The Arts Supports You

The Arts Supports You is a project thought up by some fellow students and I at the University of Windsor. The project aims to occupy certain spaces for a period of time in which we hold an oversized QR scanning code for passers by (or people situated in the space) to scan. One of the places in which this was done was in the seating at a Windsor women’s hockey game, and the other (not pictured), being in front the University of Windsor School of Music building, facing the intersection of Sunset Avenue, and Wyandotte.

The set up was rather simple: We projected the QR onto some foam core, and taped off the white areas, painting over all the exposed parts. We created our own personalized handles on the backsides, and attached each panel with velcro so that the whole 8 pieces cold fold into one, and unfold into a large piece.

The QR code takes you to a link that has a nice little image depicting the message, and a link to a facebook page that explains the project in more detail.

9 Replies to “The Arts Supports You”

  1. I was wondering about the context of this project and I kept forgetting to ask Jessica. Pretty neat, Kevin!

    1. Hey Rosina,
      Originally we thought of the project because we were tasked to think of an assignment/art project where we would be utilizing old and new medias. We thought that the communication that signage gives is a pretty old media with quite a heavy baggage of history, and that utilizing a new media like a QR scan code went well together.
      We thought that we could present a message to a crowd and someone brought up that there was a women’s hockey game coming up. The message we came up with seemed to fit the bill well as far as political, and just all around friendly statements go.

  2. The arts support… the 32.8% of Canadians (as of March 2011) with smartphones?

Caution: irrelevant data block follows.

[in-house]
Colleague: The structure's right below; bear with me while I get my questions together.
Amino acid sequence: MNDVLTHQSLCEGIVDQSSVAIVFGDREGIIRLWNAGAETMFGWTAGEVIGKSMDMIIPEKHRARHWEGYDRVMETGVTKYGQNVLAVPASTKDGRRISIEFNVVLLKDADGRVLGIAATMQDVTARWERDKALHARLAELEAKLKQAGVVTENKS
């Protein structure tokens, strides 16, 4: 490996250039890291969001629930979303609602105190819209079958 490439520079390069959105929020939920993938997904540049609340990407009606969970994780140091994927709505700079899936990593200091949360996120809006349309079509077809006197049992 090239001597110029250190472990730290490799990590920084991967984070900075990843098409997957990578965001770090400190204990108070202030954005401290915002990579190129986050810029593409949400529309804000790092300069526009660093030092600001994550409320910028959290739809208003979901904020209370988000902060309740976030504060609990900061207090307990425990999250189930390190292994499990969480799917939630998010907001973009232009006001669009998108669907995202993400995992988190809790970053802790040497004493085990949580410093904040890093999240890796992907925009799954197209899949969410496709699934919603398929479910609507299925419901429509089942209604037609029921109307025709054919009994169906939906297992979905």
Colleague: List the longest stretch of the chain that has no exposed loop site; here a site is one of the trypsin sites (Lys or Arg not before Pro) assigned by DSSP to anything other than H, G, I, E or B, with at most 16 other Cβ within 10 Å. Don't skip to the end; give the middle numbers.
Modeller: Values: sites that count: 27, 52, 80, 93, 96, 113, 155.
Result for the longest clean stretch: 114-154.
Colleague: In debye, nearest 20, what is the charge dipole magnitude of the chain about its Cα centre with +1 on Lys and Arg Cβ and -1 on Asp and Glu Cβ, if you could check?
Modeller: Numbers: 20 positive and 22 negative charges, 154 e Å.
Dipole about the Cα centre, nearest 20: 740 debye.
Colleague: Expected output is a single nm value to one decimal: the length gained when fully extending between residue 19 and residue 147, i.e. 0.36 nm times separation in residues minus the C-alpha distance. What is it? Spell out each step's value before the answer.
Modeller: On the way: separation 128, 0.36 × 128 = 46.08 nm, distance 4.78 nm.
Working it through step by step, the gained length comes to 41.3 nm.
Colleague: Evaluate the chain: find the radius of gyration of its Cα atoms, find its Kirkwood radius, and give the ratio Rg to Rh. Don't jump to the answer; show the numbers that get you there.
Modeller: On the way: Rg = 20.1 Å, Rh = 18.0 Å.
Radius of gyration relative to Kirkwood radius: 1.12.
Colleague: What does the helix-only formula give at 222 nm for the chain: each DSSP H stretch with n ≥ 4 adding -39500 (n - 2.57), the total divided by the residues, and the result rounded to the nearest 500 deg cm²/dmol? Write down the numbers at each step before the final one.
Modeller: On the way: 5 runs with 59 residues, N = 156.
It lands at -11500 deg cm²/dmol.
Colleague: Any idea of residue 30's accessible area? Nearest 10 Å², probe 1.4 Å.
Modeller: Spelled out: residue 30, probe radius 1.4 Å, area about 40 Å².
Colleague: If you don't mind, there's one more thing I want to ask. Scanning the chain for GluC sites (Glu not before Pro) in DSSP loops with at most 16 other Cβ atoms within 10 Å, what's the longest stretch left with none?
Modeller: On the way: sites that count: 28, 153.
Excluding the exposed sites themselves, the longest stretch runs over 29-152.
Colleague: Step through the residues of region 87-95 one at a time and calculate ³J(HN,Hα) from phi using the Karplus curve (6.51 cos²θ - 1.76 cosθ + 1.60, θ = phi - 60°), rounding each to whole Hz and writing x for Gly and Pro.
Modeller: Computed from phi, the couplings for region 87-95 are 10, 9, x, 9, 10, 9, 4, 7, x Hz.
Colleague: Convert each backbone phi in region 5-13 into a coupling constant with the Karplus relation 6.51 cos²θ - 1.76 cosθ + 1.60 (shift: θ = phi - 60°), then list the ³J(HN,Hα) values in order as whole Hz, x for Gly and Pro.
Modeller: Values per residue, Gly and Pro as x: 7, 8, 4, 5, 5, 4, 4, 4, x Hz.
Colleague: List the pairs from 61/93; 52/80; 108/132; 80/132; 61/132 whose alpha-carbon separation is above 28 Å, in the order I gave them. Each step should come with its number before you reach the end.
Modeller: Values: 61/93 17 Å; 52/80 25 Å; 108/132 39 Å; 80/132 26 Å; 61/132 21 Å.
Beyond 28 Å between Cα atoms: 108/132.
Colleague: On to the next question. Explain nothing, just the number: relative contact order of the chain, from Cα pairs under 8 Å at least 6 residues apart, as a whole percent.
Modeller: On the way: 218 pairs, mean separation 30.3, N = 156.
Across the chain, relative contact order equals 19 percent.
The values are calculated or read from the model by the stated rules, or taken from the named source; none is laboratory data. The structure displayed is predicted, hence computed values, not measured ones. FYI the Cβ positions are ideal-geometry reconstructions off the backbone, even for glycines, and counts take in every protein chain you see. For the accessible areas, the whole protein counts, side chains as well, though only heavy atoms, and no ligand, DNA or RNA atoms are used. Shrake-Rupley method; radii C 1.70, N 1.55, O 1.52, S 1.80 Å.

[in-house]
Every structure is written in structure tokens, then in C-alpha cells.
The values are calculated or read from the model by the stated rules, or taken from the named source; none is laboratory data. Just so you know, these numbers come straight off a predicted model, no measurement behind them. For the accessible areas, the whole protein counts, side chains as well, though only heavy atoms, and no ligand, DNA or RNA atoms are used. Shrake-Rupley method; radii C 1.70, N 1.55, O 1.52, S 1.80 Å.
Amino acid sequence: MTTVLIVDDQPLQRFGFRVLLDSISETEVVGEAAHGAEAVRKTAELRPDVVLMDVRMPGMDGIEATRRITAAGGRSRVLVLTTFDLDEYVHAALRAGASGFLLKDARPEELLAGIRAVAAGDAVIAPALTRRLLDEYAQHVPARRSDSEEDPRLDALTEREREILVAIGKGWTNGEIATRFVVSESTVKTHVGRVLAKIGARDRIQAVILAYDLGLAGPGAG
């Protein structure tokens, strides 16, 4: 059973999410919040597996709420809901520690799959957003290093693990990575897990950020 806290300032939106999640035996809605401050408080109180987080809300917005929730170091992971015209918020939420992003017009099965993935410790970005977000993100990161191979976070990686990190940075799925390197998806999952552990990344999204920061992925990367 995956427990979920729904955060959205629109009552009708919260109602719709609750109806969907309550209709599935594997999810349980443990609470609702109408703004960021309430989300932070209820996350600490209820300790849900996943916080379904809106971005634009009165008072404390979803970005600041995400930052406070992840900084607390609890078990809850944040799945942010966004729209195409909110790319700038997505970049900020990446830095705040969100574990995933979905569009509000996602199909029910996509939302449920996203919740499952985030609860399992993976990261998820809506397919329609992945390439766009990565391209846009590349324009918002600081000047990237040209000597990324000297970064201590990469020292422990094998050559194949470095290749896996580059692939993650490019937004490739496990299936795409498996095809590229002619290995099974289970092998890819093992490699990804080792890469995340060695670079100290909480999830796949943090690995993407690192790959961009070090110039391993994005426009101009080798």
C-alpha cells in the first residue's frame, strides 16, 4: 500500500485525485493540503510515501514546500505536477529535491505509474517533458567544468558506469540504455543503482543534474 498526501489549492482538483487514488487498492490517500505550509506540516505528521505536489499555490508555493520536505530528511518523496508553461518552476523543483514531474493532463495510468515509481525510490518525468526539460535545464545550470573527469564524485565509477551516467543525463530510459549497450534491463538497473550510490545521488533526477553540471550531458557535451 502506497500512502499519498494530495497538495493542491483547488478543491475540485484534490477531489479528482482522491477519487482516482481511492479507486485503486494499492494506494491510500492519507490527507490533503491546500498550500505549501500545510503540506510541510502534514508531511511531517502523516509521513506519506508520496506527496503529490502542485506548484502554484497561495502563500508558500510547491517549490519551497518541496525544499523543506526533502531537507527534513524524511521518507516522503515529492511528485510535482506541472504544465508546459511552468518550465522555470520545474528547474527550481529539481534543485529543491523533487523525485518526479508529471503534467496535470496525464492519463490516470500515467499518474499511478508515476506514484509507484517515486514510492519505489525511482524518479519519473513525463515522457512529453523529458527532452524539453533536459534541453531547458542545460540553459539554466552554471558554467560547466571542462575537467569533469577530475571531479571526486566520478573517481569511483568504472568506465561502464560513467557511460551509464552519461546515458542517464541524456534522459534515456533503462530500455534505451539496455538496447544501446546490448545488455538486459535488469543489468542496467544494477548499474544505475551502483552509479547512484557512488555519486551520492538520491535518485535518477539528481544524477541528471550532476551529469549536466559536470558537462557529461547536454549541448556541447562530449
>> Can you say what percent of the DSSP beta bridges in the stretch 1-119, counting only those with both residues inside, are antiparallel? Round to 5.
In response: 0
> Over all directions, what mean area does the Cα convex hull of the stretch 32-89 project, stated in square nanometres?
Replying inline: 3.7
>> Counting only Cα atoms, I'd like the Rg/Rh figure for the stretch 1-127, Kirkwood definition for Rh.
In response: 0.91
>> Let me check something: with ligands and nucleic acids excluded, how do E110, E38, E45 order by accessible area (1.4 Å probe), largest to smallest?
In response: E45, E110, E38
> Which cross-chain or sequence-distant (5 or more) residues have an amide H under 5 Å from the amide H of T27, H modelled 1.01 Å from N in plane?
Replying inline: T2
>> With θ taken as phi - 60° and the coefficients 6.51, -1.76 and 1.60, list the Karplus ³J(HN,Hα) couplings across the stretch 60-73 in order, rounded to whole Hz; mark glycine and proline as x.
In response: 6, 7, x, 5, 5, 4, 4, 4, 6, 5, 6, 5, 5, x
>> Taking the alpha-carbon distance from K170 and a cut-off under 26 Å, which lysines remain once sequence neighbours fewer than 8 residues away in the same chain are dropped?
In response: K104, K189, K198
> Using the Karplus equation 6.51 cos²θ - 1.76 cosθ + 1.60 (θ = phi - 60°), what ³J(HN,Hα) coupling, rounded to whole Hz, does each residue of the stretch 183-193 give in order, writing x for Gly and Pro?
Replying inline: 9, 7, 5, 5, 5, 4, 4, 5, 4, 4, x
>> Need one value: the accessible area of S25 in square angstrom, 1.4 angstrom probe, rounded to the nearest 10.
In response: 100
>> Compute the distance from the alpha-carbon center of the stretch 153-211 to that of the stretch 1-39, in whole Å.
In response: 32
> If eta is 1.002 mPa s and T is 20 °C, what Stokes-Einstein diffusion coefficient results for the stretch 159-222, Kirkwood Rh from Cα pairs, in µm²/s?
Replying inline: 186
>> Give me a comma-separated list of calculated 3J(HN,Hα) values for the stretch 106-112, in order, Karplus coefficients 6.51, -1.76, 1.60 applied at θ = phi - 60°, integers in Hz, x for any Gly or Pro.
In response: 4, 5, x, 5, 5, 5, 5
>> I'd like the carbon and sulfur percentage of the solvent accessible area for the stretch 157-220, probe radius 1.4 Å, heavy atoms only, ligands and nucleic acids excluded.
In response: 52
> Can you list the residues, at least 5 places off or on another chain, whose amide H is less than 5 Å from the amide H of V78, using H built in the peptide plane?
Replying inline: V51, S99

If you could have just as easily printed/painted the actual graphic onto the banner, what “message” can somebody possibly take from this other than “We hold that the arts support an exclusive in-group (of which we, the banner-holders are members), and we can’t be bothered to so much as let the remaining 67.2% of you, our purported audience, know the extent to which you’re not included”? I saw Mike post the photos weeks ago, and only just now got let in on the “actual” content of the work—it was annoying not to know what I was allegedly meant to read, but, knowing now, I’m actually just straight-up offended.

    QR codes are neat or whatever, but it really doesn’t seem like you guys thought through how they would work as a medium for this particular message. If the 32.8% you were targeting with the intervention was a random selection of the population, the whole thing would have been simply misguided; when that 32.8% is defined by considerable privilege, both in terms of income and access to (in this country, anyway) a predominantly urban telecommunications infrastructure, it becomes terribly mean-spirited.

  3. I think the issues brought up by Steven are important to address. Though the context of the project is a class assignment that needs to include a “new” technology. The work acts as a kind of experiment in communication. For many people who engage with an online world almost as much as “real” life, a kind of virtual gesture like this might hold a kind of affection that is somewhat rare in the often “cold” digital world.

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